1. One Hundred Years of Solitude

Colombian writer Gabrial Garcia Marquez changed the literary world with his unique style- a style that was called “magic realism”by the awestruck critics of the time. In his fictional village called Macondo, the real and the unreal blend seamlessly like in folk tales of yore, with a prose that is poetic and visual. The book sold more than 30 million copies on its release and defined Latin American literature for many readers. The novel chronicles several generations of the Buendía family from the time they founded the fictional South American village of Macondo and is filled with magical stories, tragic events, humorous anecdotes and a book full of vaguely remembered memories. Many people who learn Spanish often cite this book as the reason for wanting to learn the language.

2. Don Quixote

Written in the early part of the 17th century, Cervantes’ novel is often considered the very first novel to be written. Many critics also consider it as one of the best literary works ever written. The plot revolves around the adventures of a noble man from the town of La Manch who reads so many historical novels that he decides to become a knight and serve his nation, under the name Don Quixote de la Mancha. He recruits a simple farmer, Sancho Panza as his squire, who often is an amused spectator to Don Quixote’s follies. The image of Don Quixote charging at windmills thinking that they are giants, is now a cultural symbol recognized across the world.

3.Like Chocolate for Water

Written by Laura Esquivel a famous screenwriter and novelist from Mexico, the novel follows the story of a young girl named Tita. Tita longs for her lover, Pedro, but can never have him because of her mother’s upholding of the family tradition- the youngest daughter cannot marry, but instead must take care of her mother until she dies. Tita is only able to express herself when she cooks. However food has magical properties of its own in the novel, as the emotions that TIta carries while making the dishes seem to be able to influence those who eat the food. A beautiful insight into traditional Mexican life, Like Chocolate for Water is also full of magical recipes.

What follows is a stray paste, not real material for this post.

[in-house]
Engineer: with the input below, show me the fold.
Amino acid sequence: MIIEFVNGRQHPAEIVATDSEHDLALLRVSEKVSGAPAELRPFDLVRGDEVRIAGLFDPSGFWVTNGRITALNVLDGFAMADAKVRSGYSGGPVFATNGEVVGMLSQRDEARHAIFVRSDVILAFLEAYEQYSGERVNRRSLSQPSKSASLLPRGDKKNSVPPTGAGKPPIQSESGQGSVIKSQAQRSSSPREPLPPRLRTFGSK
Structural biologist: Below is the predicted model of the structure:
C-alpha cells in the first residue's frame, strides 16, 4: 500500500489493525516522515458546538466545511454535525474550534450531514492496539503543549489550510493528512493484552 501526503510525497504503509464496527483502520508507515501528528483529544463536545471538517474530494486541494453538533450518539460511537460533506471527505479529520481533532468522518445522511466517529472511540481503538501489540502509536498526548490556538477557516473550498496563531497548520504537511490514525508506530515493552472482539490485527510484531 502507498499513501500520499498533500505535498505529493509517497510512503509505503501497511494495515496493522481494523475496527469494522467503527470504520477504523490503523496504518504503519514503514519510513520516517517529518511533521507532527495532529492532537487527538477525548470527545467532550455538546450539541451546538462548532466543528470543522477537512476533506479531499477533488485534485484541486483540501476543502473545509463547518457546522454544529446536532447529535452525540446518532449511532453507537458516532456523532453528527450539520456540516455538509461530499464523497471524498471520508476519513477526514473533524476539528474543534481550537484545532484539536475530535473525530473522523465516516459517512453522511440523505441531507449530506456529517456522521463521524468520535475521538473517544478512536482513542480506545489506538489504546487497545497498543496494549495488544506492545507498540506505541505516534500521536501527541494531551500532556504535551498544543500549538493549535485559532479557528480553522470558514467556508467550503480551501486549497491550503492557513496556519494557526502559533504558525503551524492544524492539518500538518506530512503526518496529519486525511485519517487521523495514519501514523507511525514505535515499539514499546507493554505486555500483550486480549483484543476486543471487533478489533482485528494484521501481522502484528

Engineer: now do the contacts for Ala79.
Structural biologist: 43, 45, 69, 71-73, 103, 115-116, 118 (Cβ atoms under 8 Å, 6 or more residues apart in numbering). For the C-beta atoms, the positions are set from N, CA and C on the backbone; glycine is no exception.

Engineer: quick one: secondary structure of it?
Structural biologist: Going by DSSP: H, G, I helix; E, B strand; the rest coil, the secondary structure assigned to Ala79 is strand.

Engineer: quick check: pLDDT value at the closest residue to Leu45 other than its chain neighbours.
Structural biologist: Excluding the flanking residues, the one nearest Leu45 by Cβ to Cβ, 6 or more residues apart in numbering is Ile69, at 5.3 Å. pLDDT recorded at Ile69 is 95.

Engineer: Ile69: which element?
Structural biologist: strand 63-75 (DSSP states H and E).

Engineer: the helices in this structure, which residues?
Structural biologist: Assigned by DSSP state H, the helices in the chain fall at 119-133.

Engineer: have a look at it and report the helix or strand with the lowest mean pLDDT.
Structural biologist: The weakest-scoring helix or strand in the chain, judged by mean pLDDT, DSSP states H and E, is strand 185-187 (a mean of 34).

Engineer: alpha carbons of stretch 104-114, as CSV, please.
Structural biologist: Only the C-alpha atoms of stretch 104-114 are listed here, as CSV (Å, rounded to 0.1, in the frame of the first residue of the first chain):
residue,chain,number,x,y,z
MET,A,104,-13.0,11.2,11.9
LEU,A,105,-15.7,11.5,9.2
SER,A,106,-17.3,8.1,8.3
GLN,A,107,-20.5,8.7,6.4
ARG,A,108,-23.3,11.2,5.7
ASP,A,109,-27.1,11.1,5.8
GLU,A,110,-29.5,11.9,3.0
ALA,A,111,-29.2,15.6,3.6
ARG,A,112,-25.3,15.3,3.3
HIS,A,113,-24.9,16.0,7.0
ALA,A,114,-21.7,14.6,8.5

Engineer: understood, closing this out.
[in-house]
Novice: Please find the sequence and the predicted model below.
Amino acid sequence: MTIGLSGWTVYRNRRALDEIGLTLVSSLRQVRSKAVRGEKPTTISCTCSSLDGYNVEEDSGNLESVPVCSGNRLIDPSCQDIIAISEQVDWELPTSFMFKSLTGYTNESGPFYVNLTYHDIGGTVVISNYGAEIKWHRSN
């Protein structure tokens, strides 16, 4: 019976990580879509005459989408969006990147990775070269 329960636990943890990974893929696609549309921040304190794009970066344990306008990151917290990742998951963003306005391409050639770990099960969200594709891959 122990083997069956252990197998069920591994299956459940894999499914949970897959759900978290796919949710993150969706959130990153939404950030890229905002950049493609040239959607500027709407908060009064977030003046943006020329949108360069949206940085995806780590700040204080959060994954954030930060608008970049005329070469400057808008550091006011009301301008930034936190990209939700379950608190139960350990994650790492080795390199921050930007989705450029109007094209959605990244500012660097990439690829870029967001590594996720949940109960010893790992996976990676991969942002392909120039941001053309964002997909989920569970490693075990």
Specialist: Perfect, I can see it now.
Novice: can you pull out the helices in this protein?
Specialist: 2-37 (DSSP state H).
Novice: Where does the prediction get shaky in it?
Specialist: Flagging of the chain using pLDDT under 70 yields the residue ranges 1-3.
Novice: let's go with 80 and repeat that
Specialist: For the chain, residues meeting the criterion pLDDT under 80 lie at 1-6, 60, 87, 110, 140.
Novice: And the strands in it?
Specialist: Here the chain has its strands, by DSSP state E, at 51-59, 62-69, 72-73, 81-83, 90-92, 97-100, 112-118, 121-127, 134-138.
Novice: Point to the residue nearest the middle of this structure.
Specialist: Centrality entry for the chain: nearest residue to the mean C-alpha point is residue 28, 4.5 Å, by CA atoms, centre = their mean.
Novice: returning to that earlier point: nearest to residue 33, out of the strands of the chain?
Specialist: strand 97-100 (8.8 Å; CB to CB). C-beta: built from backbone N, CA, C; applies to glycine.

4. Ficciones

A collection of short stories from Argentinian writer Jorge Luis Borges. A masterpiece in fantastical fiction these short stories filled with labyrinths and obscure, if not imaginary, fictional references, Ficciones is definitely not an easy read. But trust us, it is a most rewarding one. For the simple reason that there are not too many books that redefine the very idea of fiction like this collection of short stories do. While many Latino American novels have social and political commentary the fictions of Borges are soaring intellectual experiments that are truly universal and inspiring.

5. City of Beasts

An effort at young fiction by award-winning Chilean novelist Isabel Allende, the story takes us to the heart of the Amazonian forests to discover a legendary beast. With themes such as ecological science, mythology, and human and animal rights all weaved into a story for children, Allende’s novel is an interesting and an easy read that is also a great thriller.

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